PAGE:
Dubai: From January 1, 2019, all cigarettes sold in the UAE will need to be digitally tracked, from the point of production to the point of sale, to ensure full compliance with local tax laws.
In October 2017, the UAE introduced a 100 per cent Excise Tax on tobacco products, effectively doubling their price overnight.
The Federal Tax Authority (FTA) says that compliance with the tax reached 97.7 per cent in its first year, although the major tobacco companies have expressed concerns about a number of smaller brands potentially evading or avoiding the tax.
Shaikh Hamdan Bin Rashid Al Maktoum, Deputy Ruler of Dubai, UAE Minister of Finance and Chairman of the Federal Tax Authority (FTA), issued a decision on Tuesday regarding the implementation of the scheme that was first announced earlier this year.
According to the decision, all types of cigarettes sold locally, both imported and locally produced, will be subject to digital tracking.
“The scheme establishes an integrated, accurate and effective control framework that supports its efforts to combat tax evasion, in collaboration with the relevant authorities … and maintain transparency in operations,” a statement from the FTA read.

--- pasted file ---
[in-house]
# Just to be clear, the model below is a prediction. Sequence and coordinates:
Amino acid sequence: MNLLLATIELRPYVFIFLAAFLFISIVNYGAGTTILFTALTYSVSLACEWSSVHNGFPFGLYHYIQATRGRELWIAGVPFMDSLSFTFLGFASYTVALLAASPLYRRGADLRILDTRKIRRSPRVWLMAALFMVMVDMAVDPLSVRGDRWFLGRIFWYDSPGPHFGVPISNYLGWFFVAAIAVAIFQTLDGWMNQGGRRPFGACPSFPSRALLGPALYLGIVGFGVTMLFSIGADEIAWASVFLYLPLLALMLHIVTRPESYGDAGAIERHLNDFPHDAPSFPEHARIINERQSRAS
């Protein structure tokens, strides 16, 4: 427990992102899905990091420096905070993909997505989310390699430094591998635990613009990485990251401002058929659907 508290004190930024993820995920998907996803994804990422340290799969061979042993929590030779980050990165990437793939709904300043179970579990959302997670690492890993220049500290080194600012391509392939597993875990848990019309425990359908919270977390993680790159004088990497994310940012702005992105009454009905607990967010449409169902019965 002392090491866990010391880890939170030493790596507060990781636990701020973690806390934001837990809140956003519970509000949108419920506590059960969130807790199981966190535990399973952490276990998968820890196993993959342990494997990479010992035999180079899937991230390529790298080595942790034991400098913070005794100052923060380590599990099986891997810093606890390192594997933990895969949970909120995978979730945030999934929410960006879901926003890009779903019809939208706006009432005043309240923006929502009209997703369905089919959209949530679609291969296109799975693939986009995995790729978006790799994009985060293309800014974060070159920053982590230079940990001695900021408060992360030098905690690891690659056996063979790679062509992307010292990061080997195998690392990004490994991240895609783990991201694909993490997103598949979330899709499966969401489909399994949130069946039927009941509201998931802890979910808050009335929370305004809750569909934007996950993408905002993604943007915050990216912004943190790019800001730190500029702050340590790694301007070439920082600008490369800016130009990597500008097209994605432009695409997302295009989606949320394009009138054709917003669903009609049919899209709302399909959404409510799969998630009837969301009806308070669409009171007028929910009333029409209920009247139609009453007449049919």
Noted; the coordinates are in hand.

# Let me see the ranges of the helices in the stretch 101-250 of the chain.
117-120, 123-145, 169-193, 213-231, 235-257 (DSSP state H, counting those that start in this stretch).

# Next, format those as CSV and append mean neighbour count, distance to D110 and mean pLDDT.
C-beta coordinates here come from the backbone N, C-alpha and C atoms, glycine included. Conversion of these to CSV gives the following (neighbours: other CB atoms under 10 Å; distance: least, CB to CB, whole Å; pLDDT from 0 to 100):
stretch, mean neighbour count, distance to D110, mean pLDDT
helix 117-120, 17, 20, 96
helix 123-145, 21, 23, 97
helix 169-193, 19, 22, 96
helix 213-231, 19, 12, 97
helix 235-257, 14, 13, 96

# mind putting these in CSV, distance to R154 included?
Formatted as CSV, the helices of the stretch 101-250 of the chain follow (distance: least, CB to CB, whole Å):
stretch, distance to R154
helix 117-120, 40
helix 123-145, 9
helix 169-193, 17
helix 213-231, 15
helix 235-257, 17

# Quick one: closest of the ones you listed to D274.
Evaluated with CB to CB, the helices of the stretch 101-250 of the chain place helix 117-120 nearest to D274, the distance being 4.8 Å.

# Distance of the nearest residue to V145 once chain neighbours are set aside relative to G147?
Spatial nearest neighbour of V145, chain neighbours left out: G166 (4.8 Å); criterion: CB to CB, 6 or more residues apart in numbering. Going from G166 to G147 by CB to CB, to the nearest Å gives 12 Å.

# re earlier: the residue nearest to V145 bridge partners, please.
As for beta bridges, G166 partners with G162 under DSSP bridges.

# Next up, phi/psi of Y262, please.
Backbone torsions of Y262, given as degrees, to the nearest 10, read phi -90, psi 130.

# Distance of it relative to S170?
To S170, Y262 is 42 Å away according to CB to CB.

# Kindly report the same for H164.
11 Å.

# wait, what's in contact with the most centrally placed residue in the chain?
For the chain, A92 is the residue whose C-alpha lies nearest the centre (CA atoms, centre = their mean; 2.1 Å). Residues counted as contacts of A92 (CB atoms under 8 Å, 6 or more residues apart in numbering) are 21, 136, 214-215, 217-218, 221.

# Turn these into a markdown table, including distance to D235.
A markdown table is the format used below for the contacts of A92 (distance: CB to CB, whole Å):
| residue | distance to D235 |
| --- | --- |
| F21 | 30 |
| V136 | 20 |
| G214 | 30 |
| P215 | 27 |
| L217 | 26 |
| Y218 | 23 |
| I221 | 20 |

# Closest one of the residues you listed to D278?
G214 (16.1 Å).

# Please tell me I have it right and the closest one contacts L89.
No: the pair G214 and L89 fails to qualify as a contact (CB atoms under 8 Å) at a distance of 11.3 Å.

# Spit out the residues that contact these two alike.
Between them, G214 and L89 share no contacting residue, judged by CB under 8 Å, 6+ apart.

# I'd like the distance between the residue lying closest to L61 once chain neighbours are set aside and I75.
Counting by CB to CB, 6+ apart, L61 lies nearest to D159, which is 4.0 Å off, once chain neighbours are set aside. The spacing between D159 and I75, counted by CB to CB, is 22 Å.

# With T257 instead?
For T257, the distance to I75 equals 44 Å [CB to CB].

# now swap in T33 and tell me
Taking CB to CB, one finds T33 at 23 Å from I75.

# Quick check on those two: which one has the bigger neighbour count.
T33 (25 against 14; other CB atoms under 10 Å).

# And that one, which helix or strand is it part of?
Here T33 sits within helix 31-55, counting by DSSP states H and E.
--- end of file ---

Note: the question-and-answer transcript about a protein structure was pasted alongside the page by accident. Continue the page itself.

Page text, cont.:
Failure to adhere to the new rules would lead to penalties for tobacco suppliers, the statement added.
These potential sanctions include a total ban from selling tobacco products “until full compliance is achieved.”
Markings containing data that can be read using special devices will be placed on the packaging of tobacco products and then registered on the FTA’s database.
These markings will be made available from January 1, 2019.
Tobacco suppliers will then have until May 1, 2019, to implement the system, after which it will not be permissible to import “designated excise goods” which do not have markings into the UAE.
Then, from August 1, 2019, it will not be permissible to supply “designated excise goods” which do not have markings in the UAE, the FTA added.
It is unclear exactly what the distinction between imported and supplied is in this case.
The FTA could not immediately be reached for comment outside of normal working hours.